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Continuous negative extrathoracic pressure combined with high-frequency oscillation improves oxygenation with less impact on blood pressure than high-frequency oscillation alone in a rabbit model of surfactant depletion.

Naito S, Hiroma T, Nakamura T - Biomed Eng Online (2007)

Bottom Line: Negative air pressure ventilation has been used to maintain adequate functional residual capacity in patients with chronic muscular disease and to decrease transpulmonary pressure and improve cardiac output during right heart surgery.Physiological and blood gas data were compared among groups using analysis of variance.Group 1 showed significantly higher oxygenation than Group 2, and the same oxygenation with significantly higher mean blood pressure compared to Group 3.

View Article: PubMed Central - HTML - PubMed

Affiliation: Division of Neonatology, Nagano Children's Hospital, Nagano, Japan. tnakamura@naganoch.gr.jp

ABSTRACT

Background: Negative air pressure ventilation has been used to maintain adequate functional residual capacity in patients with chronic muscular disease and to decrease transpulmonary pressure and improve cardiac output during right heart surgery. High-frequency oscillation (HFO) exerts beneficial effects on gas exchange in neonates with acute respiratory failure. We examined whether continuous negative extrathoracic pressure (CNEP) combined with HFO would be effective for treating acute respiratory failure in an animal model.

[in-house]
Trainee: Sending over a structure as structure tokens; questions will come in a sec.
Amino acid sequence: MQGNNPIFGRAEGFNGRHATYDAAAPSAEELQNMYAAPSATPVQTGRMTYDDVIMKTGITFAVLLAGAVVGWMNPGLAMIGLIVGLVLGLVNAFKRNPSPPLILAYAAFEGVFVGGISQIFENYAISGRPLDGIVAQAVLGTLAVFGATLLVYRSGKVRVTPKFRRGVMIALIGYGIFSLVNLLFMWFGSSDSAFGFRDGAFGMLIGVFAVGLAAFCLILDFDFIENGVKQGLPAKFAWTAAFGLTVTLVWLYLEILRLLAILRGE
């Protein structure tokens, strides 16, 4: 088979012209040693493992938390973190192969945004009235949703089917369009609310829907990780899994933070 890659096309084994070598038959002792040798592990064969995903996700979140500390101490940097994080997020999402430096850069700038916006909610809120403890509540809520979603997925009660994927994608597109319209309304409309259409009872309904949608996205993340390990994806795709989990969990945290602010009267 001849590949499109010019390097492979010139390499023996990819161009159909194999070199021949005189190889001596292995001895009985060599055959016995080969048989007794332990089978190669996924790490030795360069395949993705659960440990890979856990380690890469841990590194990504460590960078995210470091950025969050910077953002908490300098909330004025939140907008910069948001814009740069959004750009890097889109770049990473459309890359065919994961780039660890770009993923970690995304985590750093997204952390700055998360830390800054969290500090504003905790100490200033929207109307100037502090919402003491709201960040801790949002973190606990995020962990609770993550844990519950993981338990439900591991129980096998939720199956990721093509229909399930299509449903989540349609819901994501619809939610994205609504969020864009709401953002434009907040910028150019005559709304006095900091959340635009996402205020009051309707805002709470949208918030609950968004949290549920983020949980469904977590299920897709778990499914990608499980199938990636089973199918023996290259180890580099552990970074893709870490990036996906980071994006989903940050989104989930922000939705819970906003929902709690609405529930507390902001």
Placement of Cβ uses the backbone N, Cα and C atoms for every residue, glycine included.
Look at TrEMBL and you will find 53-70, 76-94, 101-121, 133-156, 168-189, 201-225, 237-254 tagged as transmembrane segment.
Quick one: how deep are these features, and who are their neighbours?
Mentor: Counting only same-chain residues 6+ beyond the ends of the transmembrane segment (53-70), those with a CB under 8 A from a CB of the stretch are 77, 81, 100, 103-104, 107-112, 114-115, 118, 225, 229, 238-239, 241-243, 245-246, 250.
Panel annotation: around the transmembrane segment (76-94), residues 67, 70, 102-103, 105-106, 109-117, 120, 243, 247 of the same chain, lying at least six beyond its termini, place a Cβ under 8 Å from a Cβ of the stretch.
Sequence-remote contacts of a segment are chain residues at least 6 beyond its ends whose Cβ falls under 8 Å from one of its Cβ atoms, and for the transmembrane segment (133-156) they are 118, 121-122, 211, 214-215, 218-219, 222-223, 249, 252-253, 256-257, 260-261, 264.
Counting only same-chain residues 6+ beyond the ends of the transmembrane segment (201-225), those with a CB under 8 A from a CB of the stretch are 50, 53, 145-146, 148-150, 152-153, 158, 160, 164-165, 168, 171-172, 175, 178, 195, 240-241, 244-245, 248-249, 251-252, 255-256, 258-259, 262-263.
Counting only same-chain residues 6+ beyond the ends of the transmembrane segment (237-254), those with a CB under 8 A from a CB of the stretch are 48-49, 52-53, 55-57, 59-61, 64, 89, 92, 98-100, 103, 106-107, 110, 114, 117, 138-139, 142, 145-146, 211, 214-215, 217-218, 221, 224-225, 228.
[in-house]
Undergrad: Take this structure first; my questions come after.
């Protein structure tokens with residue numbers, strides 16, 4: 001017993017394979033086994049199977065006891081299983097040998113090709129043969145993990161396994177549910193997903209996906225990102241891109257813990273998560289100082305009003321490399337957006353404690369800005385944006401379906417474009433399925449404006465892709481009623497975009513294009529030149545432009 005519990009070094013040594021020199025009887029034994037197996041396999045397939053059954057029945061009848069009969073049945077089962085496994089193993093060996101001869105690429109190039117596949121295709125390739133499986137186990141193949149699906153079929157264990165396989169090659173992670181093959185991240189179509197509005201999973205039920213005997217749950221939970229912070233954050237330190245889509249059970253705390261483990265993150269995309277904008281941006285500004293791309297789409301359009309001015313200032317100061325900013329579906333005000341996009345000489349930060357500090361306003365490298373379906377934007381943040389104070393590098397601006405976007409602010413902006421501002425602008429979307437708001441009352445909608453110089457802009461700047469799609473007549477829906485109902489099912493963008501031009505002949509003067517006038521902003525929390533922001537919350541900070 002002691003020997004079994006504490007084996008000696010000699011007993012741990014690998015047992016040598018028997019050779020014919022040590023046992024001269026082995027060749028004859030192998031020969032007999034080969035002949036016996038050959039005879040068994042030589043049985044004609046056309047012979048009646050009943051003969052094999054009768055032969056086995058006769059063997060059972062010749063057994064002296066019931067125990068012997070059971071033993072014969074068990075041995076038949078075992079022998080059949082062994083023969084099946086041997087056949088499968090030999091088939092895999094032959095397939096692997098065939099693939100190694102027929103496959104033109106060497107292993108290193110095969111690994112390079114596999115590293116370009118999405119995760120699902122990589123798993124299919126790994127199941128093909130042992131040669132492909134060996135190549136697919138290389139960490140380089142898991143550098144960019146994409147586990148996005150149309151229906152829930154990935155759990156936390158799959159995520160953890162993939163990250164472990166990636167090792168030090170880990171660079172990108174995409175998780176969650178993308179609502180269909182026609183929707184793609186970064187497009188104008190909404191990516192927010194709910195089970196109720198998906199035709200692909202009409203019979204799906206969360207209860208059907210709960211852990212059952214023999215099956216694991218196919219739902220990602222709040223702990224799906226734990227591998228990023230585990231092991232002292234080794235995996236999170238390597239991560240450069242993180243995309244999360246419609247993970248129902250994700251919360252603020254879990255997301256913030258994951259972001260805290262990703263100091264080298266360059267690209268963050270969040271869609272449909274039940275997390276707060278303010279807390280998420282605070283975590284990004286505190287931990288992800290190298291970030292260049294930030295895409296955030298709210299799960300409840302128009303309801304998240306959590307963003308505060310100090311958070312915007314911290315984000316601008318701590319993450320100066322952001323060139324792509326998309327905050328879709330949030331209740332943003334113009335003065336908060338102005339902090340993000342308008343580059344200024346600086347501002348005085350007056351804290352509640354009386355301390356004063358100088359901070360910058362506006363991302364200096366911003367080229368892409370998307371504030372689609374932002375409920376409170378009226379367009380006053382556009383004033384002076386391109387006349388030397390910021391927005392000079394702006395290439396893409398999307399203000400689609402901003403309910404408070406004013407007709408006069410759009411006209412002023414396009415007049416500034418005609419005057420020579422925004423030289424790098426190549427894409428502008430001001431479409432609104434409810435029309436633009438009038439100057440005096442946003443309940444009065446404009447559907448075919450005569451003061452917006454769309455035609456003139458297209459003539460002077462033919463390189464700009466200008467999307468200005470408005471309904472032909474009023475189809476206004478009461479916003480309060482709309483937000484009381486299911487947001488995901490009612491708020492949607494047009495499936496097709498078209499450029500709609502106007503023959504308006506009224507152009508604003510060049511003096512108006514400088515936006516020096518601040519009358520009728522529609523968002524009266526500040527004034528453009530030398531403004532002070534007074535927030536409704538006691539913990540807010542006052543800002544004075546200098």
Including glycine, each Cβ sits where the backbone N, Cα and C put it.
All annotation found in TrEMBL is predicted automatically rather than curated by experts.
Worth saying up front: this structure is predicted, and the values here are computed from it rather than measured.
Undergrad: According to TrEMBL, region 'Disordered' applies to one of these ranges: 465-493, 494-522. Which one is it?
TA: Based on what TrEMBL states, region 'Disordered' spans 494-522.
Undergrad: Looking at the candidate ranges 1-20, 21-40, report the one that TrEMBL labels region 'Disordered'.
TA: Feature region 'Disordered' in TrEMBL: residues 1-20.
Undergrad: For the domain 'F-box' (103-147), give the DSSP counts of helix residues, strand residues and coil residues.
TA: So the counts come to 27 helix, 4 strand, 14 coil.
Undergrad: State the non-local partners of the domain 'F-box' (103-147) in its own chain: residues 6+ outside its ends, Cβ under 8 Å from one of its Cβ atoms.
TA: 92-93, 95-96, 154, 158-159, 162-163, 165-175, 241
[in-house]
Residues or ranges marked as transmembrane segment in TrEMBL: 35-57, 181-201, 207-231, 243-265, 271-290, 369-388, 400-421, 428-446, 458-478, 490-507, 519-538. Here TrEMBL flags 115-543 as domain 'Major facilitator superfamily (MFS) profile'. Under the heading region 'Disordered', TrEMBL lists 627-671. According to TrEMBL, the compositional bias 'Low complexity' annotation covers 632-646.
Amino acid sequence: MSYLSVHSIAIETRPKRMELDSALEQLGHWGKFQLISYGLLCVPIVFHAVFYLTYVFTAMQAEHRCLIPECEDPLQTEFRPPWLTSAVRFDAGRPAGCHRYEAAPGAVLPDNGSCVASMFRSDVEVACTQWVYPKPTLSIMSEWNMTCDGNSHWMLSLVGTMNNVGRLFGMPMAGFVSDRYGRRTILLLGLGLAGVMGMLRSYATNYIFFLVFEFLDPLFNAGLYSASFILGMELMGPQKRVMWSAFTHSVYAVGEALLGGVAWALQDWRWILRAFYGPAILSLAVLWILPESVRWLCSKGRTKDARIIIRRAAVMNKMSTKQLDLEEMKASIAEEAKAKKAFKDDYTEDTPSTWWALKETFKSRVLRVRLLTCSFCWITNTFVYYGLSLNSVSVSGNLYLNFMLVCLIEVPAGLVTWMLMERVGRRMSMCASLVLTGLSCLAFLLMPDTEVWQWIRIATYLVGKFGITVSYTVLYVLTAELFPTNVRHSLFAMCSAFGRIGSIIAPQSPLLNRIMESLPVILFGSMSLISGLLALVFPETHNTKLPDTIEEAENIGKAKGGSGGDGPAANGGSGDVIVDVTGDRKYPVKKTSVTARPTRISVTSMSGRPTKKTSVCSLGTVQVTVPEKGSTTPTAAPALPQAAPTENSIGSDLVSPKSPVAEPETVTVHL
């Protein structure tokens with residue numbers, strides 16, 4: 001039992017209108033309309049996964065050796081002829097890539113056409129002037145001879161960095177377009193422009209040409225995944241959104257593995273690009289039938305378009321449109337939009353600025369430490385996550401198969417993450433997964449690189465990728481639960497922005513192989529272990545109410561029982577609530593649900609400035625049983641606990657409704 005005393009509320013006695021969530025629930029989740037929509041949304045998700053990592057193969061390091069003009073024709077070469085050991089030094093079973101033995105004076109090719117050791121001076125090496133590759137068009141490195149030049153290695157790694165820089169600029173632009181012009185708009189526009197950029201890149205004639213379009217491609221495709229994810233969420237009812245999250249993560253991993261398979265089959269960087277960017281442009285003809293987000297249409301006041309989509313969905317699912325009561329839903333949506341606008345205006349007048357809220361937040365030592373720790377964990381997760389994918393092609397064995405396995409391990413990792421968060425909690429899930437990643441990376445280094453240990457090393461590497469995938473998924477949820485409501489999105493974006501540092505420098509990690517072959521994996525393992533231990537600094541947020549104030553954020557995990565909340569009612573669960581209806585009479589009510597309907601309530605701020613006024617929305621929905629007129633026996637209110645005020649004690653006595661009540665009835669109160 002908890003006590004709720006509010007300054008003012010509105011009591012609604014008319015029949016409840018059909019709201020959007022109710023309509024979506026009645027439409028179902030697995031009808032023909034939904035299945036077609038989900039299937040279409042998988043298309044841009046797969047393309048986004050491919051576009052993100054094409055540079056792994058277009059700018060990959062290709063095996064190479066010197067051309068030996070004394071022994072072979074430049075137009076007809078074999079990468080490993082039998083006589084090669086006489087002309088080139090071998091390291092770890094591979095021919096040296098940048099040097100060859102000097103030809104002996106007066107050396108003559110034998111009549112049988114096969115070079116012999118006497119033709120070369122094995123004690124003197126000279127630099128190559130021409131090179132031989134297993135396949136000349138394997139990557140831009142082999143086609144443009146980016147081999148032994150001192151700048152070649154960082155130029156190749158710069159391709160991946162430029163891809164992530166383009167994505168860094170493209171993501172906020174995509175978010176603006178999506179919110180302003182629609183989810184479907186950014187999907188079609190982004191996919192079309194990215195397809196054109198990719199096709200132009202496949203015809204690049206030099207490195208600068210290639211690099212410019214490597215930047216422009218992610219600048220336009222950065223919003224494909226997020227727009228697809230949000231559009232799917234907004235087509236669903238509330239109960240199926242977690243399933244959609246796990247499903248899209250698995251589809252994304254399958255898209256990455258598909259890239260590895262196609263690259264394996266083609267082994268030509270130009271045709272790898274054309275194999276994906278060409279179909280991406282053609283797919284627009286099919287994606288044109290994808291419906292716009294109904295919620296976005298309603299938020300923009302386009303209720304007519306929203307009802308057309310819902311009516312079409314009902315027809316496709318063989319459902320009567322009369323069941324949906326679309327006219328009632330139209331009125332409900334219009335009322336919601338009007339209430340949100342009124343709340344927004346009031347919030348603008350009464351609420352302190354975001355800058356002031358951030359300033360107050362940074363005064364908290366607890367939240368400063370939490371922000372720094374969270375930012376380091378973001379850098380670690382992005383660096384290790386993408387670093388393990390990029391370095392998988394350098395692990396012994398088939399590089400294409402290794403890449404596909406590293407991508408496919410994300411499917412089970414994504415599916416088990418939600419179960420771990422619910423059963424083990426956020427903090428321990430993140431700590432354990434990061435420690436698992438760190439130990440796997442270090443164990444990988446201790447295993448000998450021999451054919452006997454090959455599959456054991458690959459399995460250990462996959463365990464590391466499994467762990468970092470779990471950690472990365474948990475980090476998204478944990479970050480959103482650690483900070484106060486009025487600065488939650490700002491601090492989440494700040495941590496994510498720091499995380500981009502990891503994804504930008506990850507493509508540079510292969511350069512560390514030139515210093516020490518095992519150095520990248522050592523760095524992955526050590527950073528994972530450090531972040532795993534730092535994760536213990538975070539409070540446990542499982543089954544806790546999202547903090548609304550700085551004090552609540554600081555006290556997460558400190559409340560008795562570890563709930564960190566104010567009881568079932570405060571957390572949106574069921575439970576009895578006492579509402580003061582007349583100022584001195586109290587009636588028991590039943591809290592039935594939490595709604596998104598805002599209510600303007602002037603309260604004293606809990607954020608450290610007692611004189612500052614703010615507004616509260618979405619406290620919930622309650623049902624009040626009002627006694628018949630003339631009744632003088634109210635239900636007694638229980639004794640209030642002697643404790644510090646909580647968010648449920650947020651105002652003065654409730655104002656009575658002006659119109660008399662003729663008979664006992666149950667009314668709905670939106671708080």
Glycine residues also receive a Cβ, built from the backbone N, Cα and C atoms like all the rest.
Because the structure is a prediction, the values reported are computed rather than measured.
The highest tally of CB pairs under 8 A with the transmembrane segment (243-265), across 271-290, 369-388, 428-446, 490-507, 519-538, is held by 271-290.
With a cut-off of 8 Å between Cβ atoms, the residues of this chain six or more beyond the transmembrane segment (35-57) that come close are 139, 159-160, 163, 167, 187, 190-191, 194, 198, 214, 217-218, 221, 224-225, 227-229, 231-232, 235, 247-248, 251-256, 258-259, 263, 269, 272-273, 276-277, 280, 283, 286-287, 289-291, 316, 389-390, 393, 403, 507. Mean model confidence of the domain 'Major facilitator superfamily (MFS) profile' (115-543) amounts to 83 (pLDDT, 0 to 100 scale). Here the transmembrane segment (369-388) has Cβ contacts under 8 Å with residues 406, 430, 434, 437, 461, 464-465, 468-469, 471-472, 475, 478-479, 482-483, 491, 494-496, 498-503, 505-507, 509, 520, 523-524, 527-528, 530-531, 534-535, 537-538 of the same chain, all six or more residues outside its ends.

Methods: The effects of CNEP combined with HFO on pulmonary gas exchange and circulation were examined in a surfactant-depleted rabbit model. After induction of severe lung injury by repeated saline lung lavage, 18 adult white Japanese rabbits were randomly assigned to 3 groups: Group 1, CNEP (extra thoracic negative pressure, -10 cmH2O) with HFO (mean airway pressure (MAP), 10 cmH2O); Group 2, HFO (MAP, 10 cmH2O); and Group 3, HFO (MAP, 15 cmH2O). Physiological and blood gas data were compared among groups using analysis of variance.

Results: Group 1 showed significantly higher oxygenation than Group 2, and the same oxygenation with significantly higher mean blood pressure compared to Group 3.

Conclusion: Adequate CNEP combined with HFO improves oxygenation with less impact on blood pressure than high-frequency oscillation alone in an animal model of respiratory failure.

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Related in: MedlinePlus

Changes in mean arterial pressure. (Diamond) Group 1: CNEP (-10 cmH2O) with low-MAP (10 cmH2O) HFO. (Circle) Group 2: Low-MAP (10 cmH2O) HFO. (Square) Group 3: High-MAP (15 cmH2O) HFO. *p < 0.05 Group 1 vs. Group 3.
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Figure 2: Changes in mean arterial pressure. (Diamond) Group 1: CNEP (-10 cmH2O) with low-MAP (10 cmH2O) HFO. (Circle) Group 2: Low-MAP (10 cmH2O) HFO. (Square) Group 3: High-MAP (15 cmH2O) HFO. *p < 0.05 Group 1 vs. Group 3.

Mentions: Baseline and post-injury data were similar in all 3 groups. Changes in PaO2 over time are shown in Figure 1. In Group 1 (-10 cmH2O CNEP with HFO; MAP 10 cmH2O), PaO2 increased after starting CNEP and was significantly higher than in Group 2 (HFO; MAP, 15 cmH2O) (p < 0.05). Group 3 (HFO; MAP 15 cmH2O) displayed similar PaO2 to Group 1. Changes in MAP during the observation period are shown in Figure 2. Mean arterial pressure was significantly lower in Group 3 than in Group 1 (p < 0.05) throughout the experimental period.